The origins and traditions of Halloween in Northern Spain

Surely many of you have planned a getaway to enjoy the Day of All Saints. The prelude to the Christmas celebrations brings together a number of traditions among which the Anglo-Saxon influence is obvious. Despite the latter, the roots of the current Halloween celebrations are outside American borders and, even now, there are many areas of the northern Spain that still retain their own customs to celebrate the most spiritual day of the year.

A history linked to the old continent

Halloween, celebrated every October 31, has its origin in the Celtic peoples who used to begin the year on 1 November and organized pagan festivities in honor of the end of the harvest, known as Samhain, a Gaelic word which means ‘end of summer’. That day from which the hours of sunlight begin to diminish, began to be fitted with a special mysticism at the time the Celts bagan to link it to the time when the spirits of the dead returned the world of the living. So, to ward off evil spirits, the Indo-European peoples lit bonfires and stood around them dressed in skins of animals they had previously sacrificed. In order to help good souls to find their way into the light they placed food and lit candles at the doors of their homes.

With the subsequent Romanization and the preeminence of Christianity around the eighth century, the name of the feast was changed to All Saints Day –in English All Hallow’s Eve, which resulted in Halloween– and the celebrations which until then had been limited to the spiritual realm incorporated symbolic representations that would be forever linked to this event in the social imaginary. Among those symbols is the famous pumpkin turned into lantern that comes from an Irish legend that was exported, like the rest of the celebrations surrounding the Day of All Saints, to America by immigrants who arrive there between the XVIII and XIX centuries.

Lamp pumpkin for witch

The Asturian Amagüestu
The name of this festival comes from amogostar, a verb that means “roast chestnuts’ in Bable. And it is just that, enjoy the proper fruits of autumn, what the Asturian people do from day 1 until mid-November. The celebrations are completed with popular games and gastronomic events that fill the streets of the Principality, and with the consumption of sweet cider, one of the most popular products in Asturias during this time of year.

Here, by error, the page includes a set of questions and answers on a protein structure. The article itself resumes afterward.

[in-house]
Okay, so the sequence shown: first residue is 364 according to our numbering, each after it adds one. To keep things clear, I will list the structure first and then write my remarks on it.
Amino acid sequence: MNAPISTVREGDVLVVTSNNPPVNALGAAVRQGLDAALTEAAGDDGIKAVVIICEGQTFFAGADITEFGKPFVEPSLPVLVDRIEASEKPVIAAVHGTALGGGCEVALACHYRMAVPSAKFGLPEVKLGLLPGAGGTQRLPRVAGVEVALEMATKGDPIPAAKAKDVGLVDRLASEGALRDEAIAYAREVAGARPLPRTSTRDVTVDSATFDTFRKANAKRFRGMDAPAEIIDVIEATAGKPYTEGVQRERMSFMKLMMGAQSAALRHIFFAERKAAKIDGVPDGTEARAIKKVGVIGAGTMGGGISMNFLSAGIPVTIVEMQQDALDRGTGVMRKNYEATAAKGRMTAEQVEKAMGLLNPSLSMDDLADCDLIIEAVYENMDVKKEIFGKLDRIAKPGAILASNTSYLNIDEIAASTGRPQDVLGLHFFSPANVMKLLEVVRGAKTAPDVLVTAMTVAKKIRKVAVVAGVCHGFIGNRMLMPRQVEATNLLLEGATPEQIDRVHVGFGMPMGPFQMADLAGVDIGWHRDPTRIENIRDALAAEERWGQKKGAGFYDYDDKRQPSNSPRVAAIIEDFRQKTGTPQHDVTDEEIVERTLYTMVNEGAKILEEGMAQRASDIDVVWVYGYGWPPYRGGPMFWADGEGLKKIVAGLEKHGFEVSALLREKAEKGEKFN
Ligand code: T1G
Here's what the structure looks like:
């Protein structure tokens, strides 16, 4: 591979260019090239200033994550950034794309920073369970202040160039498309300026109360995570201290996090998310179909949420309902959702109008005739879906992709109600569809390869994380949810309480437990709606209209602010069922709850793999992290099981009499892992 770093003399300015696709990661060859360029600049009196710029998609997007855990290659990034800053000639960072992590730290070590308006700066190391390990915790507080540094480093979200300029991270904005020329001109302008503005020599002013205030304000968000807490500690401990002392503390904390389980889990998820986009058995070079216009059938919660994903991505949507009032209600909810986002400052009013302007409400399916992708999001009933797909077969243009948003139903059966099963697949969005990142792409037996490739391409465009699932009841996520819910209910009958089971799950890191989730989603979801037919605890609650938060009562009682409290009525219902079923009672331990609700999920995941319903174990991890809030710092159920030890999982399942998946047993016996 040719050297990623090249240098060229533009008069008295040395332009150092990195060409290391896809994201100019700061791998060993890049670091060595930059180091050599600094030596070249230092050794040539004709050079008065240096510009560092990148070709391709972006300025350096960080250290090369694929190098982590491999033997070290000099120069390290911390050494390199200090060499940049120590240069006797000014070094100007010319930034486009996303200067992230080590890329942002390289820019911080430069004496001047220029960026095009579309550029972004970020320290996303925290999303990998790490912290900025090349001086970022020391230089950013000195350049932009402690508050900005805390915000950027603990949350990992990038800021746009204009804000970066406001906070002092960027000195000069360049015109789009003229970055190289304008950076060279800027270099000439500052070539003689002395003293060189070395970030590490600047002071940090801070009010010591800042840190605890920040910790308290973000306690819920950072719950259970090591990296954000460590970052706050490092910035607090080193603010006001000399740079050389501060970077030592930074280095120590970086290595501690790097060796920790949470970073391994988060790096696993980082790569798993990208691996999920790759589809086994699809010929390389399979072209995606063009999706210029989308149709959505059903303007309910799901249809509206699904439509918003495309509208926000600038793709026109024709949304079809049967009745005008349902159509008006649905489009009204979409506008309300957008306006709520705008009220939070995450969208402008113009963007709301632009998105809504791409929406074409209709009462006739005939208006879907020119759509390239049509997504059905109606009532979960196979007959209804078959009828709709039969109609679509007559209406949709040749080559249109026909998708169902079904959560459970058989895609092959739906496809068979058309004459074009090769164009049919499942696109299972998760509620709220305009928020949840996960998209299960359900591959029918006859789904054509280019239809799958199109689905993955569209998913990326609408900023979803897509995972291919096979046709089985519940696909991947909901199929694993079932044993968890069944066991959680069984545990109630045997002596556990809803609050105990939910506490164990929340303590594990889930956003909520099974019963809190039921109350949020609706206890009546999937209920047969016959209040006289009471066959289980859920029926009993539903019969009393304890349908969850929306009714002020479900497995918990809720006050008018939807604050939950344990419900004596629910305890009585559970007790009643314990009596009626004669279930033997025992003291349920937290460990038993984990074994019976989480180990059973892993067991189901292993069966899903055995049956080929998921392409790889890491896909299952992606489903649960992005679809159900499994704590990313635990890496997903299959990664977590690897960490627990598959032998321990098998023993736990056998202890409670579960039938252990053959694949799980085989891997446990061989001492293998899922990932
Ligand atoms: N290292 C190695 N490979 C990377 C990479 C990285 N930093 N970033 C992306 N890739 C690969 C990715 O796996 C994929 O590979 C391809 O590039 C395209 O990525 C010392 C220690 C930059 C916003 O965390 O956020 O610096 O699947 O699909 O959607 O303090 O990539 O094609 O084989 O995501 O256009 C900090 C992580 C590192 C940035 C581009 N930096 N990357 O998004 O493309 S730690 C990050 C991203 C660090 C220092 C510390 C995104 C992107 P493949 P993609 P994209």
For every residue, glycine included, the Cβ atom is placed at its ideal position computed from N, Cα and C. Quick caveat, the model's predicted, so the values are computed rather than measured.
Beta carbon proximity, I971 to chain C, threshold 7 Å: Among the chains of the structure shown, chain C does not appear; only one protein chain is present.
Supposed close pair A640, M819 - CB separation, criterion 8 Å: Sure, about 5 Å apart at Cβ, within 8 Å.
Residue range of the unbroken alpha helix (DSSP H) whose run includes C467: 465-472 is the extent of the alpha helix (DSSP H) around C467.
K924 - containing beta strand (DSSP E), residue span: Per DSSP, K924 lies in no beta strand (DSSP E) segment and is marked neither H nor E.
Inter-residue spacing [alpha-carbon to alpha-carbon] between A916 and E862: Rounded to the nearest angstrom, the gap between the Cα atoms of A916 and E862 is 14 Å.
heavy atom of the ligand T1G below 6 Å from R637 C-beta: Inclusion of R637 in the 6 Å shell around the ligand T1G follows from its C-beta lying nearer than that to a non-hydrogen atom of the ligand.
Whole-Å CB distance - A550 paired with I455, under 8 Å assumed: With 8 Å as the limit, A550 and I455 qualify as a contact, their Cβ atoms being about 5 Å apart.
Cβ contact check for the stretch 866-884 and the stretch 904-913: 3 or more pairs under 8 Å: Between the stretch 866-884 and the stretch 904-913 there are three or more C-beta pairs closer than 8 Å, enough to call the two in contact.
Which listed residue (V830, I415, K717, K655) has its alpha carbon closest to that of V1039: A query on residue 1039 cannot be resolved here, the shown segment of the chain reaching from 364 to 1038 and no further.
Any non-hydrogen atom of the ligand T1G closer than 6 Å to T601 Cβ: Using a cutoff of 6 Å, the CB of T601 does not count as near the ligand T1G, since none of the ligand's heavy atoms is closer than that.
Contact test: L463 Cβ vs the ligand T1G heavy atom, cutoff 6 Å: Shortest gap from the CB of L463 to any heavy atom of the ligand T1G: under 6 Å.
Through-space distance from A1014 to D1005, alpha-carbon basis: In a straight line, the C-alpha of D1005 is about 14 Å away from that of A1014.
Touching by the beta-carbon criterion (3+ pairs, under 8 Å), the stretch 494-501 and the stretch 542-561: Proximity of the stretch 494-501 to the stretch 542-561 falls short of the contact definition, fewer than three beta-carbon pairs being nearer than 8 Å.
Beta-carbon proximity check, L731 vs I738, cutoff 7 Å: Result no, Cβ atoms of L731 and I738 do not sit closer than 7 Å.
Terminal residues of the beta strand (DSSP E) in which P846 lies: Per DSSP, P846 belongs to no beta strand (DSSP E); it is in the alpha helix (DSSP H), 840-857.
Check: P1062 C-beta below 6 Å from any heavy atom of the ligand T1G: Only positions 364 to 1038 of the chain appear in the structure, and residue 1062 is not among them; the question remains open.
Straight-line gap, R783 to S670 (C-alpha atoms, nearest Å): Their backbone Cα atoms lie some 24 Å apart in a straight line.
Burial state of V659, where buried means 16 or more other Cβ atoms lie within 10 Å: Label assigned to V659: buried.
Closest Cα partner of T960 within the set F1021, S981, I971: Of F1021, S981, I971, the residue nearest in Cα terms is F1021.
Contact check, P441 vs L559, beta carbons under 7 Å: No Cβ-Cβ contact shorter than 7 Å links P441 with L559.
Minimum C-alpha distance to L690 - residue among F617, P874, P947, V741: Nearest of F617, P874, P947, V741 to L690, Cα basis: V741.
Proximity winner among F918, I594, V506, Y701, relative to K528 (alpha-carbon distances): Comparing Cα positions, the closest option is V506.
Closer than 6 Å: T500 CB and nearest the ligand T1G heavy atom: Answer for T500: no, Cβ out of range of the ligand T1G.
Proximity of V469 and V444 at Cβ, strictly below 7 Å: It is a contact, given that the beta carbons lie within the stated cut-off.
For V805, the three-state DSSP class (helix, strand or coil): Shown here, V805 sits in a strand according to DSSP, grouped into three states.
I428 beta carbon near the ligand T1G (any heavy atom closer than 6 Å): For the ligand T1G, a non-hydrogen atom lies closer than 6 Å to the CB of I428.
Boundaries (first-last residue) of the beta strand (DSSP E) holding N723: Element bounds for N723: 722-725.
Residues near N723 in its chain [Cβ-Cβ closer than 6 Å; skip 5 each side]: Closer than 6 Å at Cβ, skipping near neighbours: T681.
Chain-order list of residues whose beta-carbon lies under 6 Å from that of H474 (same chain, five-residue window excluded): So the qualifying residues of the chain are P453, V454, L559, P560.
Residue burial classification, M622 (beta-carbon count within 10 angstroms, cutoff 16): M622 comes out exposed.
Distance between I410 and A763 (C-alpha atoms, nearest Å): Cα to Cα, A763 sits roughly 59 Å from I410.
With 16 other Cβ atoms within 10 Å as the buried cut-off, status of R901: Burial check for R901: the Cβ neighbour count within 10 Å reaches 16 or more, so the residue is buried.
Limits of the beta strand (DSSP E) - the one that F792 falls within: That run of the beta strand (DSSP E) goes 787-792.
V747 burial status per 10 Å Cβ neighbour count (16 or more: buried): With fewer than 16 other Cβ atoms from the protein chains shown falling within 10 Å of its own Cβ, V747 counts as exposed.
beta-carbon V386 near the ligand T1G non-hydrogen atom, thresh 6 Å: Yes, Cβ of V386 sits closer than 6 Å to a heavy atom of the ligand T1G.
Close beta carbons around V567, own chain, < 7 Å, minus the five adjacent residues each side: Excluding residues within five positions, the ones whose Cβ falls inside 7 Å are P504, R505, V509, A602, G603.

The Galician Samaín

The date of Samain is marked in the calendar of the most important festivals of Galicia. With Rural origins, the Galician Halloween was first held in our country with the aim of honoring the harvest throughout the year, an aspect that remains the Celtic influence. But if at any point in Galicia this celebrations has a special relevance is in the city of Ourense, whose patron St. Martin of Tours is honored on 11 November with a celebration that became, in 2008, of Tourist Interest in Galicia.


The Cantabrian Magosta
As is the case in Galicia and Asturias, Cantabria Feast of the Magosta’s main elements are chestnuts and fire but it has two peculiarities and these are that apart to to the purely gastronomic celebration there are festivals enlivened with hill-songs from Cantabria and in the town of Coo, chestnuts are accompanied with Carboneras, a typical sweet from this area.


The Basque Gaztainerre
The main difference between the Gaztainerre and the rest of the autumn celebrations resides in the food that accompanies the traditional chestnuts: snails and morokil –which is a kind of thick cream made from corn flour boiled with water and salt– .
In the Basque origins of this celebration, a sort of warehouses were built outdoors near the chestnut trees to save the hedgehogs and to pick them up when necessary. Nowadays, thei can still be found in areas such as the Natural Park of Urquiola or Gorbea.